The gun debate continued on in Rockland Tuesday night, as the Rockland County Legislature voted on multiple gun-related resolutions in front of a packed crowd.
The legislators voted against a resolution urging federal and state representatives to institute policy and legislative reforms with respect to gun control and increased mental health services. A resolution requesting the state to repeal certain aspects of the New York SAFE Act passed later in the meeting.
One clause in the first amendment seemed to be a holdup for some of the legislators who voted against it. In the resolution, one part asked to reinstate the federal ban on the sale, import, transfer and ownership of assault weapons. Legislator Frank Sparaco proposed an amendment to the resolution removing that clause, but it didn’t pass. More legislators voted in favor of the amendment, with eight voting in favor and seven voting against. Two legislators, Ed Day and Patrick Moroney, were absent from the meeting, leaving only 15 present. Nine legislators must vote in favor of an amendment for it to go through, so the clause was left in.
Sparaco’s problem with that part of the resolution was that he didn’t think many of his colleagues could actually define what an assault weapon is.
“This is a very important issue that you’re pushing forward here, and when a lot of these people spoke today, they used terms that I know a lot of you don’t even know what they’re saying or talking about,” he said.
The legislators who voted against the amendment were Harriet Cornell, Michael Grant, Jay Hood, Nancy Low-Hogan, Aney Paul, Philip Soskin and Alden Wolfe.
With the assault weapons portion of the resolution left in, eight voted against it. Those who voted against the resolution were Legislators Sparaco, Soskin, Chris Carey, Toney Earl, Doug Jobson, Joseph Meyers, John Murphy and Ilan Schoenberger.
The resolution on the SAFE Act was brought to the Public Safety Committee last week and was sponsored by Day and Carey. At Tuesday’s meeting, Sparaco proposed to amend and replace the resolution, but didn’t give his changes to the other legislators until earlier Tuesday afternoon. Legislator Jay Hood, chair of the Public Safety Committee, originally didn’t accept the proposed amendment, saying he’d rather wait on it and vet the amendment in committee before voting on it.
The original resolution proposed a few changes to the SAFE Act, including:
- Active and retired law enforcement personnel will be exempt from provisions restricting magazine capacity to no more than seven rounds
- Common sense exemptions for law enforcement training should be included in sale of ammunition
- Definition of assault weapon is too broad and needs to be more clearly defined
- Local law enforcement should be fully included in review and implementation of school safety plans
Sparaco said his amendment builds off the original resolution. In his amendment, Sparaco asked the state legislature to hold public hearings on gun violence.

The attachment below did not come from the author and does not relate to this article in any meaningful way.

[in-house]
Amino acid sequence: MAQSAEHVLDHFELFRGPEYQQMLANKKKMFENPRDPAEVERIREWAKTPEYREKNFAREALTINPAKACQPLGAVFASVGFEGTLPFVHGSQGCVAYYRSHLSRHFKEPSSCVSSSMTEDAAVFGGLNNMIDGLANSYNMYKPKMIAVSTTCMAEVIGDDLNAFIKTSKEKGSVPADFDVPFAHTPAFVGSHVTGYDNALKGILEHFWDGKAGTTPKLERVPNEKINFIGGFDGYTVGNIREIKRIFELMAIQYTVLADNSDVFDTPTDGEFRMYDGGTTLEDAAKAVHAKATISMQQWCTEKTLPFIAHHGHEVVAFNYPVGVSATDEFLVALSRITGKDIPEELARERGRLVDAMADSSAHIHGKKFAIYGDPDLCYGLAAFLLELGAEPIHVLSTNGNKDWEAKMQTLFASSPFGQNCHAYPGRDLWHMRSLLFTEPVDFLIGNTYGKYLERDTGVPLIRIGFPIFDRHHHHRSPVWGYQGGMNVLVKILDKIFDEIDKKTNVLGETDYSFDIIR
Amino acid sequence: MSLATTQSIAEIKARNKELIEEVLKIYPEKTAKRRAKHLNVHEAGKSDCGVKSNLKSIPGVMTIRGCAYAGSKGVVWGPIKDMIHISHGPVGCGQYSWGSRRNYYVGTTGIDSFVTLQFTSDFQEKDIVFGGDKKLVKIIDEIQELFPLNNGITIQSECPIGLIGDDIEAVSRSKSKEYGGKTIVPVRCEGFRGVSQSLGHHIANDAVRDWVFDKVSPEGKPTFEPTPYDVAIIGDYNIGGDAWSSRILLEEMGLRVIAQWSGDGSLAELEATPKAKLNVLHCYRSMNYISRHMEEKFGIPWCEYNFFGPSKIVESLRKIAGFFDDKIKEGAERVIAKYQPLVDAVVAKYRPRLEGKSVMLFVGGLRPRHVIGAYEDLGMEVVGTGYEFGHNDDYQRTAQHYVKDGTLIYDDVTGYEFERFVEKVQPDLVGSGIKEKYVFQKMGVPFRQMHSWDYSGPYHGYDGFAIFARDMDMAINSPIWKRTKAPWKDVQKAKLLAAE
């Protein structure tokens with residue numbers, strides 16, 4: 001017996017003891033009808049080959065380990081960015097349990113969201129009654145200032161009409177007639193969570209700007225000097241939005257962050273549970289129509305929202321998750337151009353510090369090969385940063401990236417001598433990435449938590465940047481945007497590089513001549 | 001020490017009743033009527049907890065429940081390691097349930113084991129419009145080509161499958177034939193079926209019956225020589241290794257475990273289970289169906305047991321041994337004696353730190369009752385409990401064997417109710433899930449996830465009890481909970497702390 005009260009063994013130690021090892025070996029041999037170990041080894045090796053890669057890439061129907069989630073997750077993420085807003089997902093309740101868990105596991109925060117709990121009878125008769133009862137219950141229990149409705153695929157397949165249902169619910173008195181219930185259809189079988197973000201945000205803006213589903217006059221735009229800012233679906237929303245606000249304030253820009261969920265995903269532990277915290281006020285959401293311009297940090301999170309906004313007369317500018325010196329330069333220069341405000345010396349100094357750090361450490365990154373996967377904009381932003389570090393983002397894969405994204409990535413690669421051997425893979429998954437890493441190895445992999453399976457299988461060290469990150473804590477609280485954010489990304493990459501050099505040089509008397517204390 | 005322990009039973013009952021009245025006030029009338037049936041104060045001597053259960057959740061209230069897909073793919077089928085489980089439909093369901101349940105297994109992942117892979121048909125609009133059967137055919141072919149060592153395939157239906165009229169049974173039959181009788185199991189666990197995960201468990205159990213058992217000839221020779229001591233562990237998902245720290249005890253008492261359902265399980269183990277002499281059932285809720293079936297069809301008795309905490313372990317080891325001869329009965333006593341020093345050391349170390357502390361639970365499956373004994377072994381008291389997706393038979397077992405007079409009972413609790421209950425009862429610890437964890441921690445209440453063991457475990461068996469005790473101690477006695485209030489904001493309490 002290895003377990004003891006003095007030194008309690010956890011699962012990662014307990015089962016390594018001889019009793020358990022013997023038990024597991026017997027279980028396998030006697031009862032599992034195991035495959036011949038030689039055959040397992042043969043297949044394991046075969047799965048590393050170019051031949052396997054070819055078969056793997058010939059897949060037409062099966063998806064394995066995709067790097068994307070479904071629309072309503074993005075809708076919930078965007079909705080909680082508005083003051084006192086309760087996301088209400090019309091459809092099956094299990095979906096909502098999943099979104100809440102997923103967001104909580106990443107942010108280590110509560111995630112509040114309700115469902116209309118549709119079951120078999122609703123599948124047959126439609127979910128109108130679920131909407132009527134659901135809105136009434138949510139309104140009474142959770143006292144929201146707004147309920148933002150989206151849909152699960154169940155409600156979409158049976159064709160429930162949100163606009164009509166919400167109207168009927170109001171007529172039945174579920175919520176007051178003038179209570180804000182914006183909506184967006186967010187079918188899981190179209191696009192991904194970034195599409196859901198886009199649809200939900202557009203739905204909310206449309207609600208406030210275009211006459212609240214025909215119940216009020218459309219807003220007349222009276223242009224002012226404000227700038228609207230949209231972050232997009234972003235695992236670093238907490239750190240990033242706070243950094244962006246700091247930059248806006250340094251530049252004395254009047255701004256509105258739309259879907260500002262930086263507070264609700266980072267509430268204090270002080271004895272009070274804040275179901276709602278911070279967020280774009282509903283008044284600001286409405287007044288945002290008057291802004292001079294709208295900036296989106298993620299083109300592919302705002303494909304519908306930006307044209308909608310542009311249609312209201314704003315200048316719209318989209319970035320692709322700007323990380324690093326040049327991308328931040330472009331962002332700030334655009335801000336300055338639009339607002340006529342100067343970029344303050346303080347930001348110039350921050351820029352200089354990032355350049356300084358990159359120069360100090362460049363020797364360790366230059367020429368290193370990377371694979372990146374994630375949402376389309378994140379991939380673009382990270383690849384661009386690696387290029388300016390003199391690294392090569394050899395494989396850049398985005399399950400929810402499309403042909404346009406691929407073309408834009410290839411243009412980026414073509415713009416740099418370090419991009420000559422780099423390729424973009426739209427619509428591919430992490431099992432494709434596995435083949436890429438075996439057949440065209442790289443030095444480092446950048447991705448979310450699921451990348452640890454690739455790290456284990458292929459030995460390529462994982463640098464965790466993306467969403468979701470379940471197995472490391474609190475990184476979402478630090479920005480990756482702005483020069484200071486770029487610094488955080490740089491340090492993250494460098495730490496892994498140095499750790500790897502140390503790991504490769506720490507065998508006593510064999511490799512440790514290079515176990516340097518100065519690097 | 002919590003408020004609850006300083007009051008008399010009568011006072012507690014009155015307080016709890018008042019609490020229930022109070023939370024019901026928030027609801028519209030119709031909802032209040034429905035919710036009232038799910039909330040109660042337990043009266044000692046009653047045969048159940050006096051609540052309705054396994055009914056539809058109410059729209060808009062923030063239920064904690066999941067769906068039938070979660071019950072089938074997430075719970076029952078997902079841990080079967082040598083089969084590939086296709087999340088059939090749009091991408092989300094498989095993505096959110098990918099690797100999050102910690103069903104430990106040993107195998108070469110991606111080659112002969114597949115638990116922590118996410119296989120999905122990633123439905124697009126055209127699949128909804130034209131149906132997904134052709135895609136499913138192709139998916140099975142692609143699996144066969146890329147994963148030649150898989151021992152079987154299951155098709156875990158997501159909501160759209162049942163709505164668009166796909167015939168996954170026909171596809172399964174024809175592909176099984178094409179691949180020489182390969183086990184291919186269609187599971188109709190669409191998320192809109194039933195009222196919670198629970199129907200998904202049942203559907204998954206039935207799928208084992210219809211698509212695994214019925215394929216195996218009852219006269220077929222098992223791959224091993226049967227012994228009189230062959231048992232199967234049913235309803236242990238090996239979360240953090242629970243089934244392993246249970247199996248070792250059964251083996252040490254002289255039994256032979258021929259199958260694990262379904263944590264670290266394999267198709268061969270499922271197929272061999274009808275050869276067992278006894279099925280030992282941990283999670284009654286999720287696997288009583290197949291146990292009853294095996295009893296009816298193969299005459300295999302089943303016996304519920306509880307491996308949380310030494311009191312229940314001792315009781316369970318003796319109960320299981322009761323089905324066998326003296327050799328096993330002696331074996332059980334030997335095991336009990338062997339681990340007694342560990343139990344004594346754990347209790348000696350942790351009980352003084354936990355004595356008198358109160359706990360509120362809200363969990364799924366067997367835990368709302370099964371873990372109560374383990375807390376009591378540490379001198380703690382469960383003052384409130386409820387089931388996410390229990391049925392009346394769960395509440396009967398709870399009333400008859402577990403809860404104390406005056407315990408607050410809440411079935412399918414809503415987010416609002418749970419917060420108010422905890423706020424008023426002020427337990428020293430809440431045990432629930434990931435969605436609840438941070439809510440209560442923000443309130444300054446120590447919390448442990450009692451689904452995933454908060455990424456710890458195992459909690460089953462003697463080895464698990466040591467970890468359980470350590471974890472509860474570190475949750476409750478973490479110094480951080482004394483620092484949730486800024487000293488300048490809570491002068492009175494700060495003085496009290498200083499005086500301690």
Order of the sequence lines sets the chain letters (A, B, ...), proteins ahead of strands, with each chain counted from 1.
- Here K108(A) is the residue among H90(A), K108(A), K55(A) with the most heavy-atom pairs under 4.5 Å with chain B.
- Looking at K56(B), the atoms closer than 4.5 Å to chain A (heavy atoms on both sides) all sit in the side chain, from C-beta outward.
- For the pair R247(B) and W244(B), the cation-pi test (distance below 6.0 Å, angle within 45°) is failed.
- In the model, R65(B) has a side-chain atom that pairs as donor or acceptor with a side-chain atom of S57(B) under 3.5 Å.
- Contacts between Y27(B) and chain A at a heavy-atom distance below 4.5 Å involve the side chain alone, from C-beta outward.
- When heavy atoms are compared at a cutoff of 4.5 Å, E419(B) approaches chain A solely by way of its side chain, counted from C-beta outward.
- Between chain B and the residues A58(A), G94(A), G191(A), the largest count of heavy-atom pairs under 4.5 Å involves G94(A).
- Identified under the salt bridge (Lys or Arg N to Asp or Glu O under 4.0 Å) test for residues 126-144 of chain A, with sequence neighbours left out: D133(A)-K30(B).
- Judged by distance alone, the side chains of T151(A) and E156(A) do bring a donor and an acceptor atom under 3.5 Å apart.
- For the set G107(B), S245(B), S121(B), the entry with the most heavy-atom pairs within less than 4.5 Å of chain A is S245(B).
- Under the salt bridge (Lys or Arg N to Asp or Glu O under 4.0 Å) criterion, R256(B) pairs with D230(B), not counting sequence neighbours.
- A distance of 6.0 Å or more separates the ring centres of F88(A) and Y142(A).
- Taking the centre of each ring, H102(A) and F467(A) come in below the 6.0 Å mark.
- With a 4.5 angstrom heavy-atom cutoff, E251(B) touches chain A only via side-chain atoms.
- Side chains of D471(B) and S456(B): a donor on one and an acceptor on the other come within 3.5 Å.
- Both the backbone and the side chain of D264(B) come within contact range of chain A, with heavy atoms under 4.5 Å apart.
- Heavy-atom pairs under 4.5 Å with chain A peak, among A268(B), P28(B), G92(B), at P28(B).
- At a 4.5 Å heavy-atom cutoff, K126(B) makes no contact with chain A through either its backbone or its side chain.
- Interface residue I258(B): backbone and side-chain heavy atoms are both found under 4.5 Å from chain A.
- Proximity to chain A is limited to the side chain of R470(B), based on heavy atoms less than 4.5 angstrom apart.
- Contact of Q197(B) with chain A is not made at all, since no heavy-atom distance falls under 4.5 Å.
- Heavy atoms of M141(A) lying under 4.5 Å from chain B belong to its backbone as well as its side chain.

While Tuesday’s meeting wasn’t a public hearing, every legislature meeting has 40 minutes in the agenda for public comments. At the meeting, 23 people spoke during the public comments section, all of them speaking about against the SAFE Act. Former legislator Gerold Bierker said the laws shouldn’t come after guns, but instead deal with the debilitated underfunded mental health system and lax judicial activity.
“Incarcerate bad guys and leave law-abiding citizens alone,” he said.
Stan Pascoo, president of the United Sportsmen Association of Rockland, said the cities with the strictest gun laws also have the most gun-related killings.
“Chicago last year had over 500, New York City just shy of 500. That’s 1,000 in two cities,” he said. “In an active warzone, like Afghanistan, there were about 300 combat deaths, so it must be safer to be in Afghanistan than in a gun-free zone like Chicago.”
John Pinto, president of the Rockland County Shields, said the SAFE Act’s lack of an exclusion for new gun restrictions in regards to law enforcement is an oversight that needs correcting.
“This needs to be changed, it needs to be adopted to respect our police officers and law enforcement members,” he said. “I can’t speak for all the non law enforcement members here, we’re on the same page, but I’m speaking for my members.”
Even those who didn’t sign up to speak let their voices be heard at the meeting. Throughout the meeting, many times people in the crowd yelled out, sometimes in support and others times in defense, while legislators were speaking. At one point Hood told the crowd that every time someone yelled out a snide comment from the crowd, it hurt the eloquent and thoughtful reasoning many of their peers were giving up at the podium earlier in the meeting.
Not all legislators support Sparaco’s amendment, though. The amendment itself passed, 11-4, with Cornell, Hood, Grant and Low-Hogan voting against. The amended resolution passed, 10-5, with Cornell, Grant, Hood, Low-Hogan and Wolfe voting against it. Wolfe said he could’ve gotten behind the original resolution, but felt the amended one strayed too far from his thoughts on the issue.
“I don’t have the ability to offer any amendment to this resolution as it’s currently drafted that would make it satisfactory for me,” he said.
He cited a few specific problems he had with the amendment, including wording in the amendment that implied the state legislators were forced to vote on the SAFE Act, and registering firearms is an unnecessary burden. He also took issue with a clause in the amended resolution that asked members who represent any or all parts of Rockland at the state level to write in with their views on the SAFE Act.